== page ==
Review of Understanding Manufacturing Plant Configuration Types, Part 2
In Part 2 of this series, I explained the V-Plant and I-Plant configurations and then listed the characteristics and potential consequences of these two types of manufacturing plants.
In this post, I will complete our discussion on manufacturing plant configurations by describing the flow of the T-Plant. Again, this discussion will include both characteristics and potential consequences. From there, I will explore the interesting subject of combined plant types.
Much of what has been included in this series is taken from the book I co-authored with Bruce Nelson,  Epiphanized.
In essence, the general flow of a T-Plant is similar to an I-Plant, except when it reaches the end of the I-Line. At that point, the flow branches into different products or different model numbers.
One example is the different options you might get with automobiles. Automobiles follow a single assembly process but near the end, they might be outfitted with different option packages, such as leather seats versus cloth seats, or a premium stereo system versus a lesser stereo system. In essence, it’s the same car, but with different options at the end. The T-Plant concept could also apply to software, in instances when you get versions of the same computer with different languages. The figure below displays what a T-Plant configuration looks like.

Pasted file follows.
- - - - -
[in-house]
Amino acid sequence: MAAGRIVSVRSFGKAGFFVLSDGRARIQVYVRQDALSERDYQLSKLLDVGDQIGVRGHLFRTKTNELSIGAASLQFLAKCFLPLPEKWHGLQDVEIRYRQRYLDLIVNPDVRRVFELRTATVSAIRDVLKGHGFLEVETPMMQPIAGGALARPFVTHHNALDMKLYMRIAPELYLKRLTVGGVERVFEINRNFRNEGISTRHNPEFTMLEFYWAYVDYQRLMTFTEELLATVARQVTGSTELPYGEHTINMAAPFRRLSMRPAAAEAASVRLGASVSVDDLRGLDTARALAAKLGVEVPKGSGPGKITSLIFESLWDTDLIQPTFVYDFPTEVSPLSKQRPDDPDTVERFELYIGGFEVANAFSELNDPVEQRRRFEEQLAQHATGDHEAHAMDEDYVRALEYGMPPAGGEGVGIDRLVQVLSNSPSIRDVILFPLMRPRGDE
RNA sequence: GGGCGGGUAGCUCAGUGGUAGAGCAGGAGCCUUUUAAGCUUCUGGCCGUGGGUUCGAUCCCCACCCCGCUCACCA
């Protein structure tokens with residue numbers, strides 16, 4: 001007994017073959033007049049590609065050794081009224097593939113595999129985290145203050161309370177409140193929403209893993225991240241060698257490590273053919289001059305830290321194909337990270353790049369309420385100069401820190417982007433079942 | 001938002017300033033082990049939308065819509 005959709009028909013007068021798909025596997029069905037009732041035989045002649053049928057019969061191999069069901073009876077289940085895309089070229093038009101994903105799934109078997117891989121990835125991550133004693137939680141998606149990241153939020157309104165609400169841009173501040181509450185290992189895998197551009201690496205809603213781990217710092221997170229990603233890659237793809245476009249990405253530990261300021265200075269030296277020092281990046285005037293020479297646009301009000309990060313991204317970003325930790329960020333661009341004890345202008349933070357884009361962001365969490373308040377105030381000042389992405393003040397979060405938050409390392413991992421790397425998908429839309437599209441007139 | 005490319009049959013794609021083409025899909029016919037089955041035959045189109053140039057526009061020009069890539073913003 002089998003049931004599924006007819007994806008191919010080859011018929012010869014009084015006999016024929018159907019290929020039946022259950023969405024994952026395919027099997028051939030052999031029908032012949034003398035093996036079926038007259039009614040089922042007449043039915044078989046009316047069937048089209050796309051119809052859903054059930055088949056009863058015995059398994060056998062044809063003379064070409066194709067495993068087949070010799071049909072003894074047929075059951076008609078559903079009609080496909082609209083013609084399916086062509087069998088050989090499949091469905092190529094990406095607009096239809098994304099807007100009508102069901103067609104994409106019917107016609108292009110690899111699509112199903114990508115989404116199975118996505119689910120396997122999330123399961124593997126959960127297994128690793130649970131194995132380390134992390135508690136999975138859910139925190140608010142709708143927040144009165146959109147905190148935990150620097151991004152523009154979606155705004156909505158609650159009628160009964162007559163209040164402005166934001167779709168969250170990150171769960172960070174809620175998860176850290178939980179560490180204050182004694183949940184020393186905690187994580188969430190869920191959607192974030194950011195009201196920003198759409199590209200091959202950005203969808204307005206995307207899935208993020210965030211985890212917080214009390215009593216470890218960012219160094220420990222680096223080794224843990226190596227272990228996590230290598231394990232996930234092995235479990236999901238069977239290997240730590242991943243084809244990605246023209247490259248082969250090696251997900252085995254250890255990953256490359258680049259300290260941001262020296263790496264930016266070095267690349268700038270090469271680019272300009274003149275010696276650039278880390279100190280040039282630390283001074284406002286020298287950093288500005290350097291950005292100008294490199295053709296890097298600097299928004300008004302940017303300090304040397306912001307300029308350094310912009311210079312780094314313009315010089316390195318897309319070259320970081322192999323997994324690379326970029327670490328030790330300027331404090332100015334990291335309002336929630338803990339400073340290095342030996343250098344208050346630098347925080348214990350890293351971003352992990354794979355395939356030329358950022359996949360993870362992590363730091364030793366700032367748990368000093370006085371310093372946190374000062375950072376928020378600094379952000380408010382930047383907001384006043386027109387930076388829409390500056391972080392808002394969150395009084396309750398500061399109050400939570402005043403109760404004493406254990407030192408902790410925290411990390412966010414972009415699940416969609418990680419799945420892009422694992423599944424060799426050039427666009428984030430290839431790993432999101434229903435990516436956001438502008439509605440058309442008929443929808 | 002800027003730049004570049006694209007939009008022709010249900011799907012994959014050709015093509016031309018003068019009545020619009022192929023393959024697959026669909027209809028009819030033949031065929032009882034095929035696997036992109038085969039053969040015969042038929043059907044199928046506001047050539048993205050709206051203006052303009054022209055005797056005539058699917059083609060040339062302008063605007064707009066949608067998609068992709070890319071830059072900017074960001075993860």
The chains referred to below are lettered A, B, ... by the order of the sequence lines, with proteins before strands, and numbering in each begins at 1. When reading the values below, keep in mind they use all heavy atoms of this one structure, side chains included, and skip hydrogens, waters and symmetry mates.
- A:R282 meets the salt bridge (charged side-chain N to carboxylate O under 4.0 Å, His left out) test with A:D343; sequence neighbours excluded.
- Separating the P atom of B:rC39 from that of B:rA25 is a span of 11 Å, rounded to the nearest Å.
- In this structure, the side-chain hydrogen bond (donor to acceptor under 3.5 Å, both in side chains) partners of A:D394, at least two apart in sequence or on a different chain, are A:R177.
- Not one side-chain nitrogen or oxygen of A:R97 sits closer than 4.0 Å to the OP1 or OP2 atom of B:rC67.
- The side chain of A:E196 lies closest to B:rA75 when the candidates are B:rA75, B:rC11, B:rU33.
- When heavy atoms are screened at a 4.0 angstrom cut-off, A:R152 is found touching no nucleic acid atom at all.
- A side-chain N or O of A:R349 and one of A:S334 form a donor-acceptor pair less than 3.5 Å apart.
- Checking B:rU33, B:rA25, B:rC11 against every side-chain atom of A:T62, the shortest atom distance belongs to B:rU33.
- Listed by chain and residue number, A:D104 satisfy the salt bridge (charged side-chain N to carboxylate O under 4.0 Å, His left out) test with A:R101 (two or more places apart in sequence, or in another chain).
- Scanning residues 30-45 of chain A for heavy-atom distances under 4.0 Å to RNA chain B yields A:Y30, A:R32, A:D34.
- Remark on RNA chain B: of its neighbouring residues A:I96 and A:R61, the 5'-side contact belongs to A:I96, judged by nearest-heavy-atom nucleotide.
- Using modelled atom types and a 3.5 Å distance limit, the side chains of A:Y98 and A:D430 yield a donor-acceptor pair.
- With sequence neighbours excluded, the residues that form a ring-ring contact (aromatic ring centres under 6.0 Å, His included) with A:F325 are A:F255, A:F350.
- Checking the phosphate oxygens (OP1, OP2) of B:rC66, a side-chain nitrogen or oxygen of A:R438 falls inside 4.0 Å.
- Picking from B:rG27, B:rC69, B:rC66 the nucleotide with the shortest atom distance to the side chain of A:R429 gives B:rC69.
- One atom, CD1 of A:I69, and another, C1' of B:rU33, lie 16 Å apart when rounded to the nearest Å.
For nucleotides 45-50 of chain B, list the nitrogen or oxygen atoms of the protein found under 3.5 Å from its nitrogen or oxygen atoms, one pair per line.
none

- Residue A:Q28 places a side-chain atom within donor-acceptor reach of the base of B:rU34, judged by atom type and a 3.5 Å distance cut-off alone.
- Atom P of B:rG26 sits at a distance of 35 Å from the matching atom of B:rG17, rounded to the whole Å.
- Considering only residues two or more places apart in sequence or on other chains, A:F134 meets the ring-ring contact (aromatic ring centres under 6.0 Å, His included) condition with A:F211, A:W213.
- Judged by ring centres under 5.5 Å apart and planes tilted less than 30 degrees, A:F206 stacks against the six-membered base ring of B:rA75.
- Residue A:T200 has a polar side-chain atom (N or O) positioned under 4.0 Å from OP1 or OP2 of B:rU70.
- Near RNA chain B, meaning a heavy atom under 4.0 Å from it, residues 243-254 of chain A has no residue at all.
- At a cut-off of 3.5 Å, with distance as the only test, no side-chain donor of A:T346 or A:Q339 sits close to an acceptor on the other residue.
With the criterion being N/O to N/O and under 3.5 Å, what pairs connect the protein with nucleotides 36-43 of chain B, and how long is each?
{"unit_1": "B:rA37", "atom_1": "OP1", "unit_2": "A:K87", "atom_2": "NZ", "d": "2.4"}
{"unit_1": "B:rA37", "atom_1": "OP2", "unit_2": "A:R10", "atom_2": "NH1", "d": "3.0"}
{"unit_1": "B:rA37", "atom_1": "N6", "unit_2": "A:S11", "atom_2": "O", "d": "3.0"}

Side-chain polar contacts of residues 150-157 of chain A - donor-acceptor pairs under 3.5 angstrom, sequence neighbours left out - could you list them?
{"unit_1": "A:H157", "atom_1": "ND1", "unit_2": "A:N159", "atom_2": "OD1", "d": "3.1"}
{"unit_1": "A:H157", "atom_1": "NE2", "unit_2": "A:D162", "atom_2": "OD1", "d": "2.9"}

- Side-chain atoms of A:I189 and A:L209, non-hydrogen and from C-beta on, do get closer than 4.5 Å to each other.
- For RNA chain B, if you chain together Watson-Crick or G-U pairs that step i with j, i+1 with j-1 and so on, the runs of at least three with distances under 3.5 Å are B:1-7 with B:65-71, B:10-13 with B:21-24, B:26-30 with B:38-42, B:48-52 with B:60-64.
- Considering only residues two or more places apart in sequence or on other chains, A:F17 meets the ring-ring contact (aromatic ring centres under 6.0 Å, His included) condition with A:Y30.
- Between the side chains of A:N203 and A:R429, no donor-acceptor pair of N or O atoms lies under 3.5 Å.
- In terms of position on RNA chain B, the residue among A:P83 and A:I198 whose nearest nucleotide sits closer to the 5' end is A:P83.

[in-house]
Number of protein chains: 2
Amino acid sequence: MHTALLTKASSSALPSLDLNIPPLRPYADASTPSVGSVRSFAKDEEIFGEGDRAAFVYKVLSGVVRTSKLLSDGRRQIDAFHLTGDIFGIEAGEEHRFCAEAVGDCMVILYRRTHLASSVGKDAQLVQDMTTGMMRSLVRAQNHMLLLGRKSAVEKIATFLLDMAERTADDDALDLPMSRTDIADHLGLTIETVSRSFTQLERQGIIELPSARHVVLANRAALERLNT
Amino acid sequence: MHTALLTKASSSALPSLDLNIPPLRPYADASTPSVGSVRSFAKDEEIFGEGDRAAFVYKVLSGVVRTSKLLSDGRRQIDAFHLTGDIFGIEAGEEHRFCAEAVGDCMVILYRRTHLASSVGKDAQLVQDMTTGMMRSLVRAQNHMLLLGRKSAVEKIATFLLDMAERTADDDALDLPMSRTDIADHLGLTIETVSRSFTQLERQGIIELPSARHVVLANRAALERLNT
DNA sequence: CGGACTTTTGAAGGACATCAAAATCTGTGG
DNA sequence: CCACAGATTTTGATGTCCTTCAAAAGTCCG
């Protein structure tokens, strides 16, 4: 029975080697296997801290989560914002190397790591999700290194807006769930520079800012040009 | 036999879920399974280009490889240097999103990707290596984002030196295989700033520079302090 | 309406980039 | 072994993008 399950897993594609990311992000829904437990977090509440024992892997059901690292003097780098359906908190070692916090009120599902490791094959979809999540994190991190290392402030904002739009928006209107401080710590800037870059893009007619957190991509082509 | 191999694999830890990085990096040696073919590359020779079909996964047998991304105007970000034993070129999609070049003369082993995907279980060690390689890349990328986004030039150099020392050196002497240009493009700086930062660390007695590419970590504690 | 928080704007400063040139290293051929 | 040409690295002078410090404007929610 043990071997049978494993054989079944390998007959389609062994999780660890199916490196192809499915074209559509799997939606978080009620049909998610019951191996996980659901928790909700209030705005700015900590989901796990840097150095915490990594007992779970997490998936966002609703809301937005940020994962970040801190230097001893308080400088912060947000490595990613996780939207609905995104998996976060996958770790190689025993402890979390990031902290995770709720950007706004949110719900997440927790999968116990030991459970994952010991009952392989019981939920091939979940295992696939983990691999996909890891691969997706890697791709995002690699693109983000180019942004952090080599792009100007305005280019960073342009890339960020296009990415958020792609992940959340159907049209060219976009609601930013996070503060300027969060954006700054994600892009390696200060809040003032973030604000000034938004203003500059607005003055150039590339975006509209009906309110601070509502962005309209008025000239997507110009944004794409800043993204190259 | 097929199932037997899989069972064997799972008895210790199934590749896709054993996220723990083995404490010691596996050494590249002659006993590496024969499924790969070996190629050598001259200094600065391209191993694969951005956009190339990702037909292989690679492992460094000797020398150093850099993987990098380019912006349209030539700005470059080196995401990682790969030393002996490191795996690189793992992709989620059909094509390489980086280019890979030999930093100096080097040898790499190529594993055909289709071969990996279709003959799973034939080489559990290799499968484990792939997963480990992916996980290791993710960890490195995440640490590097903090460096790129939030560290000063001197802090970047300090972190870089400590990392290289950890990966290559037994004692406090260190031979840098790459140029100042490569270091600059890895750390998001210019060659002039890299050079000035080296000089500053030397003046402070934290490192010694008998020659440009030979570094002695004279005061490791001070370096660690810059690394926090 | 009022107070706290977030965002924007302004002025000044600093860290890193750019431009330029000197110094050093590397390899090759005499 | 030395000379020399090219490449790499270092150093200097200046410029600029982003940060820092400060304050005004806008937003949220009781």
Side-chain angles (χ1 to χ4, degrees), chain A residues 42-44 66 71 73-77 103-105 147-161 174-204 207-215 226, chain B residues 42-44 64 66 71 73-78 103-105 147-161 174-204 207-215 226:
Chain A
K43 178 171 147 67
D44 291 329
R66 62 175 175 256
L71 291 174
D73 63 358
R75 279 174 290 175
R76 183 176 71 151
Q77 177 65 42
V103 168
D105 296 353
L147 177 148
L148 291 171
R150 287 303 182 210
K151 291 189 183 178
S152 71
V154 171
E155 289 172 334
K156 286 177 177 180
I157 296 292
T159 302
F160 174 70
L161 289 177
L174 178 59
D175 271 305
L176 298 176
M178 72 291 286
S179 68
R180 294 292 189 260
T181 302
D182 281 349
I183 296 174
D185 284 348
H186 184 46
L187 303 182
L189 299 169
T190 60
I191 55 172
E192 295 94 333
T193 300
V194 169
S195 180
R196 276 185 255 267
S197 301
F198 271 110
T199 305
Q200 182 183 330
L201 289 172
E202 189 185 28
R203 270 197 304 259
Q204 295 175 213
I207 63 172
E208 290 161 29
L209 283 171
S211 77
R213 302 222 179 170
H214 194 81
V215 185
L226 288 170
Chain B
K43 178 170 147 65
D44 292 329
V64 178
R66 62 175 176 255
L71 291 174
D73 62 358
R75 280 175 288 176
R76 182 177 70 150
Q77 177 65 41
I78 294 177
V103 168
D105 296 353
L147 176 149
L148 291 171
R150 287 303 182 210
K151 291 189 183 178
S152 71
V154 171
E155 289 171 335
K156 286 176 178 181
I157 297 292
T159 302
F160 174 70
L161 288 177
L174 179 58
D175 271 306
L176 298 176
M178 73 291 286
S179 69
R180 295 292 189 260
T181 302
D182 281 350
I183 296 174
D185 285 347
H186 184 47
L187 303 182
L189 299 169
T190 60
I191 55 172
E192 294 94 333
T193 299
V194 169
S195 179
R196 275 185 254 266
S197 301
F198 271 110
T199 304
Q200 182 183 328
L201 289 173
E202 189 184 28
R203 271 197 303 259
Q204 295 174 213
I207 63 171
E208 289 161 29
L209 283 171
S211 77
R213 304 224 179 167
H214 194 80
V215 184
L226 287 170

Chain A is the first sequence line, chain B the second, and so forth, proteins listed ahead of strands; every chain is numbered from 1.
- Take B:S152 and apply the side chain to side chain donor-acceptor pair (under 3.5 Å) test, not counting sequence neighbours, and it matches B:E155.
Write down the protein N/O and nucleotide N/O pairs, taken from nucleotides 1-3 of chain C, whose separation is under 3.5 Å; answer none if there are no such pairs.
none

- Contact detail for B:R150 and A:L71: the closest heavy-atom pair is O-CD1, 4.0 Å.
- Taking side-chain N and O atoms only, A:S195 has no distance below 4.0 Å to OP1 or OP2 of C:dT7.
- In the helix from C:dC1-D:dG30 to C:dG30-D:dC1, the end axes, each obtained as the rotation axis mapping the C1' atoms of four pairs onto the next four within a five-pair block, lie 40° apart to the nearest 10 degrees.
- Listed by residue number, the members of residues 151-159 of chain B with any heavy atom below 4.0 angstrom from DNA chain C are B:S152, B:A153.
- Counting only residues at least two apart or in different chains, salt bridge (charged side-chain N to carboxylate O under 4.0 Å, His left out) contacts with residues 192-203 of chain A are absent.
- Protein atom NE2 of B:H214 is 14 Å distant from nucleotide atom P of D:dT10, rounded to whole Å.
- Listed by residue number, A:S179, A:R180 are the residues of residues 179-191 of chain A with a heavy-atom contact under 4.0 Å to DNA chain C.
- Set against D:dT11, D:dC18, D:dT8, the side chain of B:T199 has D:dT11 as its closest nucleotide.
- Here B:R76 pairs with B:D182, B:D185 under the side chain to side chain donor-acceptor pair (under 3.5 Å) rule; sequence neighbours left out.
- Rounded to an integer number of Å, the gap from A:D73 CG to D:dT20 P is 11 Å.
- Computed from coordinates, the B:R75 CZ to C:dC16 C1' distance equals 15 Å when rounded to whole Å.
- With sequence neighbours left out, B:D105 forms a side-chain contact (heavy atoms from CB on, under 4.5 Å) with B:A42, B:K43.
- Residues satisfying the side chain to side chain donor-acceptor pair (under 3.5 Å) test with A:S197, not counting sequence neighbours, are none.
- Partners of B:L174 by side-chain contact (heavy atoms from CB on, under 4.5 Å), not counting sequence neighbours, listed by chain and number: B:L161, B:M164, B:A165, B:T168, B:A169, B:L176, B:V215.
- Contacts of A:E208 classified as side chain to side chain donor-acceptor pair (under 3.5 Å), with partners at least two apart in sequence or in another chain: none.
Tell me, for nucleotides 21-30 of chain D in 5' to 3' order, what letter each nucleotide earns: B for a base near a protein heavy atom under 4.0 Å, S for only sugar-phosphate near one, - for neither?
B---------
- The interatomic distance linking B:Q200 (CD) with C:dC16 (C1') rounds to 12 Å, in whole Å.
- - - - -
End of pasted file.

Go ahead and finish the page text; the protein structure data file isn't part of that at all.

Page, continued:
T-Plant characteristics and consequences
The characteristics of a T-Plant include multiple models of virtually the same end product and varying degrees of sophistication of end products. Both of these traits result in multiple choices from which customers can choose.
The consequences for a T-Plant are similar to an A-Plant, especially in terms of part shortages, which will have a major impact on process synchronization. T-Plants also suffer from the misallocation of parts that is common to the V-Plant. Some parts can be “robbed” along the way to make other products.
Combined plant types
Most systems will contain some type of a combination when it comes to plant configurations. It is possible that your system could start with an I-Line, move into a V-Line, then back to one or more I-Lines, recombine into an A-Line and finish with an I-Line. The figure below provides an example of the combined lines concept.
If you would like to learn more about this topic, I encourage you to read a series I published earlier this year for ECi Software Solutions exploring the past, present, and future of manufacturing.
Until next time,
 Bob Sproull & Bruce Nelson, Epiphanized—A Novel on Unifying Theory of Constraints, Lean and Six Sigma, 2nd edition, 2015, Taylor and Francis Group
Don't miss out!
Stay on top of the latest business acumen by subscribing to the Manufacturing Breakthrough blog.